In May of 2017, Lawrence, Wintersteen, and USAA (collectively referred to as “the Settling Parties”) stipulated to an entry of a consent judgment to resolve Lawrence’s claims from the car accident and to provide a means to collect part of the consent judgment from ACE. Specifically, the Settling Parties stated in their Settlement Agreement that they intended that ACE would be required to pay the amount of the consent judgment that it was legally required to pay had it honored its coverage obligations under the insurance policy.

         The Settling Parties stipulated that Lawrence’s damages from the car accident were $750, 000, and they agreed to the entry of a $750, 000 consent judgment in favor of Lawrence and against Wintersteen. In partial satisfaction of the consent judgment, Hertz paid Lawrence $100, 000 and USAA paid Lawrence $250, 000. Thus, $350, 000 was paid by Hertz and USAA on Wintersteen’s behalf. In exchange for the $350, 000 and an agreement not to execute against Wintersteen on the unpaid $400, 000 remaining, Wintersteen assigned to Lawrence all of his rights against ACE.

         Thereafter, Lawrence filed a declaratory judgment lawsuit against ACE in state court. In March of 2018, Lawrence’s declaratory judgment lawsuit was removed to this Court. In Lawrence’s second amended complaint, he asserted two claims against ACE: (1) a claim for a declaratory judgment of coverage and damages, and (2) a claim for insurance coverage based on promissory estoppel.[3] (Doc. No. 72).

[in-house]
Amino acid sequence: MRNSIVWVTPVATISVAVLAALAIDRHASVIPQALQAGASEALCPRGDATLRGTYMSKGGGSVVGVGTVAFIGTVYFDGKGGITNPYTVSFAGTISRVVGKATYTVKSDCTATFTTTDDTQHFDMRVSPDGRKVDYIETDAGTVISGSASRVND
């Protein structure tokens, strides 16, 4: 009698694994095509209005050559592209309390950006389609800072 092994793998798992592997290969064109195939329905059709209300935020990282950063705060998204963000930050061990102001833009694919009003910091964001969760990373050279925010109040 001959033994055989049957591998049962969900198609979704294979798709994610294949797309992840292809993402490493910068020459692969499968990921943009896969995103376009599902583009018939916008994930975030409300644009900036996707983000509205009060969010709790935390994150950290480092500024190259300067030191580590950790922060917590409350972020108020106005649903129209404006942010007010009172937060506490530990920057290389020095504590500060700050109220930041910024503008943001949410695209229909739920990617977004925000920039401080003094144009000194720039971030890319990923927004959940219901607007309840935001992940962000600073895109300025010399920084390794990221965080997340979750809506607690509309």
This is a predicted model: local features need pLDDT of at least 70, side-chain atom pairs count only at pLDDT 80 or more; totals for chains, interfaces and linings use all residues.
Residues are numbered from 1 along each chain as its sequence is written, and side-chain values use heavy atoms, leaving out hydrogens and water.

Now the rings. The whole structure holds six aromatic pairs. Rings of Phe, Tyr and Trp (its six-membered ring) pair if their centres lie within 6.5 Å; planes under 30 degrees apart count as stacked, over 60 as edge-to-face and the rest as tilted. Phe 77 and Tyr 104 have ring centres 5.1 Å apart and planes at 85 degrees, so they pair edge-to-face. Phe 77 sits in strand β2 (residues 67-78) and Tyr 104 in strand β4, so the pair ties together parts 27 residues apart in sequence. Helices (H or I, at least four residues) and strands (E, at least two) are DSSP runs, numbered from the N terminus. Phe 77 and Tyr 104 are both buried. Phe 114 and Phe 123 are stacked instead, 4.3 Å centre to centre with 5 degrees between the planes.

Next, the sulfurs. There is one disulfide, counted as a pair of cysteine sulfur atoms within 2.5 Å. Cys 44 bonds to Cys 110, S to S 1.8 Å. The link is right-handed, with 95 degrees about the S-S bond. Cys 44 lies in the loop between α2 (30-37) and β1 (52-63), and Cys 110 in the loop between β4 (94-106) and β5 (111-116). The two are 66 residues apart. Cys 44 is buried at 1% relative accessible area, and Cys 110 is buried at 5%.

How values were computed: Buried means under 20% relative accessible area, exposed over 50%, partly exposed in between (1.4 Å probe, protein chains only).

In May of 2018, this Court granted USAA’s motion to intervene to pursue its related claims against ACE. (Doc. No. 27). In USAA’s second amended complaint in intervention, USAA asserted four claims against ACE: (1) equitable contribution; (2) unjust enrichment; (3) declaratory judgment of coverage and damages; and (4) insurance coverage based on promissory estoppel.[4] (Doc. No. 71).

         All three parties-Lawrence, USAA, and ACE-filed motions for summary judgment on these claims. However, the Court found that genuine issues of material fact precluded summary judgment on all but the promissory estoppel claims. Specifically, the Court found that issues of material fact remained as to whether Jacobs co-rented the car Wintersteen was driving at the time of the accident (a necessary precondition for coverage under the Hired Autos provision of ACE’s policy). Therefore, a trial was held to resolve these factual issues. The parties agreed that the decision as to whether coverage existed under the Hired Autos provision of the ACE policy was a legal decision for the Court, and the jury would be empaneled to resolve the factual disputes.

         II. Hired Autos Provision

         The ACE policy was issued in California, and the parties agree that California law applies in construing the ACE policy. The California Supreme Court has explained the ...